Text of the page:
Summer is here and, as usual, Oklahoma teenagers are glad to have a break from school. Usually, teenagers find summer jobs to pay for short-term wants such as going to Frontier City or to the movies. Naturally, most teens will not be interested in saving their money for the long term, but the potential rewards of doing so are enormous. Teenagers have a unique investment advantage that isn’t available to most people working. That advantage is time.
Most teens will find the best vehicle to use for investing their money is a Roth IRA because it offers a favorable tax break. Although there is no upfront tax deduction, the earnings and contributions will grow tax-free forever. This provides a better tax advantage for teenagers because when they are older, they’ll likely move into a higher tax bracket.
A Roth IRA is potentially a form of tax arbitrage. Your teen is likely in the 10% tax bracket right now and let’s project they will move into the 24% tax bracket in the future when they are older. This makes the back-end tax advantage stronger than an upfront tax advantage since paying a little tax now will save a lot more tax later.1
Let’s assume your teenager is 15 years old and contributes the maximum $6,000 to a Roth IRA this year as well as the next three years, through age 18, for a total of $24,000 in contributions. Let’s further assume the money will be invested in a diversified stock index fund and will earn an 8% annualized return through age 65, at which time the Roth IRA will have grown to over $1.2 million! Although an 8% return is not guaranteed, historical evidence suggests an 8% return is reasonable for stocks over a long period of time, considering the S&P 500 index has returned around 10% annualized since 1926.2
This assumption demonstrates the awesome power of compounding and is the reason Albert Einstein was quoted as saying, “Compound interest is the eighth wonder of the world.” When you combine time and compounding, it is like rocket fuel for long-term investment growth.3
You may wonder if it’s a good idea to allow your teenager to manage his or her own investment account. By law, teenagers are required to hold a custodial Roth IRA in Oklahoma until age 18 because they are minors. This means the parent is in charge of managing the account until the teenager is of age. Most custodians will allow you to open a custodial Roth IRA so you should not have any issue finding a financial institution to do this for you.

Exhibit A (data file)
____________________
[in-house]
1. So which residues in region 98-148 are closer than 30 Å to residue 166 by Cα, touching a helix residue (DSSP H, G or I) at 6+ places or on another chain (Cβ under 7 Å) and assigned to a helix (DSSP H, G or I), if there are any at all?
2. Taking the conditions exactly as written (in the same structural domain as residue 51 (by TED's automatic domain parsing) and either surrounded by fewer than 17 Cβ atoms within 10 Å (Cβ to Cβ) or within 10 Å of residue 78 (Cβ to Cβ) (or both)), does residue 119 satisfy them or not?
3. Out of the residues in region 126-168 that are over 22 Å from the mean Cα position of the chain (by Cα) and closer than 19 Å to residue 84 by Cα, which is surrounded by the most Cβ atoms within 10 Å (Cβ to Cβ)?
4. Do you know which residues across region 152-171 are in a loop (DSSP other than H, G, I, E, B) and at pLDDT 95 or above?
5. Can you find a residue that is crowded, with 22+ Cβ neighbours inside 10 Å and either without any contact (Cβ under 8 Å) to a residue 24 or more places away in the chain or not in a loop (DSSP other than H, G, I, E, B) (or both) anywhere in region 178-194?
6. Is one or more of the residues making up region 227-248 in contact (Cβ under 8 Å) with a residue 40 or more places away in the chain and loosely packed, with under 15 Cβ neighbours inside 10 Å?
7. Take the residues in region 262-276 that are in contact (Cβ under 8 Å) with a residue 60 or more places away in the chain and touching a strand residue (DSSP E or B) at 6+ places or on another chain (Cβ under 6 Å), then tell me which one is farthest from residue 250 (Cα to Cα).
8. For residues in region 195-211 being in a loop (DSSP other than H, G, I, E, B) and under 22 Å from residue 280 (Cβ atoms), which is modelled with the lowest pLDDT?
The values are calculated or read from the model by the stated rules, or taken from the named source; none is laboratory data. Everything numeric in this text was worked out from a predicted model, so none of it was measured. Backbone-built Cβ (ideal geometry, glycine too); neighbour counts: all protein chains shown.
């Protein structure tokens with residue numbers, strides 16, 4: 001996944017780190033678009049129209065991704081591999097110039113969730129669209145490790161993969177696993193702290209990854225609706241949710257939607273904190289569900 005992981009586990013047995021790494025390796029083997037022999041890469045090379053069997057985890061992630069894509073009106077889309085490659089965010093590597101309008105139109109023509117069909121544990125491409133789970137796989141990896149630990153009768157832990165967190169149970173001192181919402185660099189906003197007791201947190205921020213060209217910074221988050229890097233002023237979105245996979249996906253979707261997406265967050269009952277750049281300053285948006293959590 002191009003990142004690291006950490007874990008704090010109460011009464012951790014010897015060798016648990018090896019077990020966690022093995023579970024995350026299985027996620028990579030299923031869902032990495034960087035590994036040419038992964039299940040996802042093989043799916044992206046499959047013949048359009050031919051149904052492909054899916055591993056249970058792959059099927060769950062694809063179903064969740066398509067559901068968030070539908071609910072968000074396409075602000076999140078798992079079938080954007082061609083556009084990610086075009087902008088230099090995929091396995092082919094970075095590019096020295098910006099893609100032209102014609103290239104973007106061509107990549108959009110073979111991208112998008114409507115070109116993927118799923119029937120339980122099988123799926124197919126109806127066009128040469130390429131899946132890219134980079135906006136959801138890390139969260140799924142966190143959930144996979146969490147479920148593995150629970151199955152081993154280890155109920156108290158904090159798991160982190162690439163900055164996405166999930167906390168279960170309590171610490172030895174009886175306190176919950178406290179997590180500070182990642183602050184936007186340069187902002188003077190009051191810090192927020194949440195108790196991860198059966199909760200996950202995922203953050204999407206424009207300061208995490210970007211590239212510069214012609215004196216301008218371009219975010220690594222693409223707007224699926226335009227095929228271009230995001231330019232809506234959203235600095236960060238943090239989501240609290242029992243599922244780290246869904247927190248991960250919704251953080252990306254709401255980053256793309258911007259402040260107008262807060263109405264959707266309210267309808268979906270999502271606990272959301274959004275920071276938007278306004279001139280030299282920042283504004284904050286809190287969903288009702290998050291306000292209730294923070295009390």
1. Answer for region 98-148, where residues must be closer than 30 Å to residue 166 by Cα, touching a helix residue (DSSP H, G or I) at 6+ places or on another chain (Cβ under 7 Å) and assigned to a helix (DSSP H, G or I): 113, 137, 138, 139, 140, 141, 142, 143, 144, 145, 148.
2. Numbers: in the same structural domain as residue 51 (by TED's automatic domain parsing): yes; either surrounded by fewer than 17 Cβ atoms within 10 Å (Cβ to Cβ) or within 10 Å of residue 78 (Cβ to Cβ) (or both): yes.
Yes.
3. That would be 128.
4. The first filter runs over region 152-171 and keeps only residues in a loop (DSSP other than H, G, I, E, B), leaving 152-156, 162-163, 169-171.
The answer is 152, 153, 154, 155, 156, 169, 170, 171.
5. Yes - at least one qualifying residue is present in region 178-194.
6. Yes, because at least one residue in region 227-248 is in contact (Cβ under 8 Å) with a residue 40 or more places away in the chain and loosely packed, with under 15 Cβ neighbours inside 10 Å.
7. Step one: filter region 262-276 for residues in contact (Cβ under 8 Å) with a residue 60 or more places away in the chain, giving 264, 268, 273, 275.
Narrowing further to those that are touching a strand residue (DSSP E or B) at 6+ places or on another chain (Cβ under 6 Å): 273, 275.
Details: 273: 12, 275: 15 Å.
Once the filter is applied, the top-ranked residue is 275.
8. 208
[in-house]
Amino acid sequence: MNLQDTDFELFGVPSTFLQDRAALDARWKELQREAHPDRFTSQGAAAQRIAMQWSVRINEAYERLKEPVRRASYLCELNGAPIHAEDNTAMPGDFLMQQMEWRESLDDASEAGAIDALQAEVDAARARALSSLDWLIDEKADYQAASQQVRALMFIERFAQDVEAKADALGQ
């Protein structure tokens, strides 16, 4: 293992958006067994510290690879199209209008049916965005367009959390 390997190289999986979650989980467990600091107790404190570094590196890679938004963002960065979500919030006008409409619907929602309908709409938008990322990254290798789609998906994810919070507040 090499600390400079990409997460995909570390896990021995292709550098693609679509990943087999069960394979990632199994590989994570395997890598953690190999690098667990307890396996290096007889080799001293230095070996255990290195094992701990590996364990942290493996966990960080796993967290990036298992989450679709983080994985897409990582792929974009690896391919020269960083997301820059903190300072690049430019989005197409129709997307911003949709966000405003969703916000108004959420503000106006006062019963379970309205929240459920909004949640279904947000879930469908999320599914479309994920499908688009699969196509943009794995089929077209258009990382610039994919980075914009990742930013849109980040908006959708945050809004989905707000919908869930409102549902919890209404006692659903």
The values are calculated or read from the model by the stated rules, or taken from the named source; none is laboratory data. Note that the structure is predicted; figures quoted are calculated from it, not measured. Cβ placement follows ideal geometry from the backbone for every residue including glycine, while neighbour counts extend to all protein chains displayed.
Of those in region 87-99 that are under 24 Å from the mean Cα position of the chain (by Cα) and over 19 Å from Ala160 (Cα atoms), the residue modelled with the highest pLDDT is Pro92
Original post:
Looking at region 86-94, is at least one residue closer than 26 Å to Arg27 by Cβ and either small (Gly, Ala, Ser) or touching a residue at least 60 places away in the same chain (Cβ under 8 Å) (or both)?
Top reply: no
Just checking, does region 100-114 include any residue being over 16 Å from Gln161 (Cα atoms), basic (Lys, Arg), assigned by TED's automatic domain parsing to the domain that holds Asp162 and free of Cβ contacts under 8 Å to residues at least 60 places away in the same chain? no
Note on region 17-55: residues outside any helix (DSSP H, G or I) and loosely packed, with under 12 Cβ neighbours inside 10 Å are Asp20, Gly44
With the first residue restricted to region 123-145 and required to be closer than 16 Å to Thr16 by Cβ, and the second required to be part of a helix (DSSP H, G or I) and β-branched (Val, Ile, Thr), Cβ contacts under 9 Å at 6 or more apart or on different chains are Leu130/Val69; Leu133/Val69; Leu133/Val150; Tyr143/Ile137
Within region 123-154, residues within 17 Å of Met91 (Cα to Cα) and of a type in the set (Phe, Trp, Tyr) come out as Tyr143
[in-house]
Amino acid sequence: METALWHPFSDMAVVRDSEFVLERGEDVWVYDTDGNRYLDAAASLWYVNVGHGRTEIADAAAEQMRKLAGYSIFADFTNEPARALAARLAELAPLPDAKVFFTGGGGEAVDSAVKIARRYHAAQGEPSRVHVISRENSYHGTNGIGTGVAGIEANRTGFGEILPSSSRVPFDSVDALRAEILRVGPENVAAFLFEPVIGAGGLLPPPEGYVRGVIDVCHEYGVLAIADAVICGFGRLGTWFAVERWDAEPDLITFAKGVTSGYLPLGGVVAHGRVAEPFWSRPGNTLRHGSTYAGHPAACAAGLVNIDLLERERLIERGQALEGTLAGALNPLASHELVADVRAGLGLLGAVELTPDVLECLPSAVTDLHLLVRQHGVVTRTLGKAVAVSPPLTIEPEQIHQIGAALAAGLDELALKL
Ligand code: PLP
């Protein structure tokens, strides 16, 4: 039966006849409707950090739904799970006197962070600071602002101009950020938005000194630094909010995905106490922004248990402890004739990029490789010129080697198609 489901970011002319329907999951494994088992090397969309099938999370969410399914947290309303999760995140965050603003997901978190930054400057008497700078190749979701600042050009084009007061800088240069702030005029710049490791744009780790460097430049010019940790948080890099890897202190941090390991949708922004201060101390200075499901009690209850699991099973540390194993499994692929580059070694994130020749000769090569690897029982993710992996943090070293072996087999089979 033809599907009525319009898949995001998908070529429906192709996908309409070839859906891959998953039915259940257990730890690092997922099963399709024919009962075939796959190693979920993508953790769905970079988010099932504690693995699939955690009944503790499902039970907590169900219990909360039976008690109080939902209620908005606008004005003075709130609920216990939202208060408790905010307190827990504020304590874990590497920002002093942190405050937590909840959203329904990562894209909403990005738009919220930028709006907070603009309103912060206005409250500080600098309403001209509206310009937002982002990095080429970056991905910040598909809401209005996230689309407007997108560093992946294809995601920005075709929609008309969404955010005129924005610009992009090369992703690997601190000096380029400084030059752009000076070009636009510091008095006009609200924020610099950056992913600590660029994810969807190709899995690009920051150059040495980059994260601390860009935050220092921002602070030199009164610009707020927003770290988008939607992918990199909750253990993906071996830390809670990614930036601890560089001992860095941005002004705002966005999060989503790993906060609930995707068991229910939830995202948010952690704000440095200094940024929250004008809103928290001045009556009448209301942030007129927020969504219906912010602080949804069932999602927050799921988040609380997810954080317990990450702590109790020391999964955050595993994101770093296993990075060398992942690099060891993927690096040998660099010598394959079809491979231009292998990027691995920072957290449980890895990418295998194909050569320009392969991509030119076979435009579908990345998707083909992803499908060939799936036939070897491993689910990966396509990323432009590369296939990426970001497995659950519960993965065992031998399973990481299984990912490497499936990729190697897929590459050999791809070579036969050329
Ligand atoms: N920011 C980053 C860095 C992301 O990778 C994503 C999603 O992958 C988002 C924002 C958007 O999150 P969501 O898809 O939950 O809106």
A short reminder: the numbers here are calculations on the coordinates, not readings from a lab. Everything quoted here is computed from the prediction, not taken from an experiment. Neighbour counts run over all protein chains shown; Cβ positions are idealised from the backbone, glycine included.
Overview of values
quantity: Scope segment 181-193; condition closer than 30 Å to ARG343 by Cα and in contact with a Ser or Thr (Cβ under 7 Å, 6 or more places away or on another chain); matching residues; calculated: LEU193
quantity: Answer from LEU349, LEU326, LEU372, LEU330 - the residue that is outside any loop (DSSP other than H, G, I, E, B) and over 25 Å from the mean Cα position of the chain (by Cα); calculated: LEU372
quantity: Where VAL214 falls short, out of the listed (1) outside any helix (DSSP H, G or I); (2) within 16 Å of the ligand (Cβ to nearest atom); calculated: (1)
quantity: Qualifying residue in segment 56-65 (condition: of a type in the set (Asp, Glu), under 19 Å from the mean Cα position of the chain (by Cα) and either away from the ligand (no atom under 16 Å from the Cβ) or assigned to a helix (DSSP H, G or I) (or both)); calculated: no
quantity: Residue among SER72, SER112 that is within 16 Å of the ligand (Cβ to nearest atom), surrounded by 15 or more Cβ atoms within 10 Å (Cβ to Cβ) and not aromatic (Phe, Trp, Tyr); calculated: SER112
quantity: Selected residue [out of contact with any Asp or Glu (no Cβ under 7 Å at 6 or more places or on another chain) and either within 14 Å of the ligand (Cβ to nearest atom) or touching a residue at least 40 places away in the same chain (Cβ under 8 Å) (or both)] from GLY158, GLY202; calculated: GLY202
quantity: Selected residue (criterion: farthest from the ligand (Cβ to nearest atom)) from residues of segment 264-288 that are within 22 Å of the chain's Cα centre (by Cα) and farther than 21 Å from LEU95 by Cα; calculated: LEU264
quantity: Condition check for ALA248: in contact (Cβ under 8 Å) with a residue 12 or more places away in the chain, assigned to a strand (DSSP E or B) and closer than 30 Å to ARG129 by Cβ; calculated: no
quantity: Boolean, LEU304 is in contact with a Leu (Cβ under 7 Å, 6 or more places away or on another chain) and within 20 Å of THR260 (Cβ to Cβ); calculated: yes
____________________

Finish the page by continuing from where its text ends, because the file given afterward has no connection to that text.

What if your teen would like to spend some of his or her money on short-term goals or needs? Generally, you want to avoid withdrawing from a Roth IRA until age 59 1/2 , which is the earliest age you can withdraw funds completely tax-free. Fortunately, Roth IRAs allow you to withdraw your contributions at any time without any tax or penalty.4
Additionally, there is extra flexibility for spending on college or first-time homebuyer expenses. You can withdraw funds from a Roth IRA qualified education expenses without any 10% tax penalty, but beware there are taxes on any earnings. Additionally, you can withdraw up to $10,000 for a down payment or closing costs on a home without any penalty or tax on earnings. Make sure you consult your tax and financial advisors before taking any action with Roth IRA contributions or withdrawals.
So, as your teenager plans to make some money from summer jobs, help him or her capitalize on this unique opportunity to invest. By starting early, your teen will be set up for long-term financial success and will establish healthy financial habits at an early age.
The content of this article is developed from sources believed to provide accurate information. The information is not intended as tax or legal advice. Please consult legal or tax professionals for specific information regarding your individual situation. All expressions of opinion are subject to change. This content is distributed for informational purposes only, and is not to be construed as an offer, solicitation, recommendation, or endorsement of any particular security, products or services. Past performance is not a guarantee of future results. Index performance does not reflect the expenses associated with the management of an actual portfolio.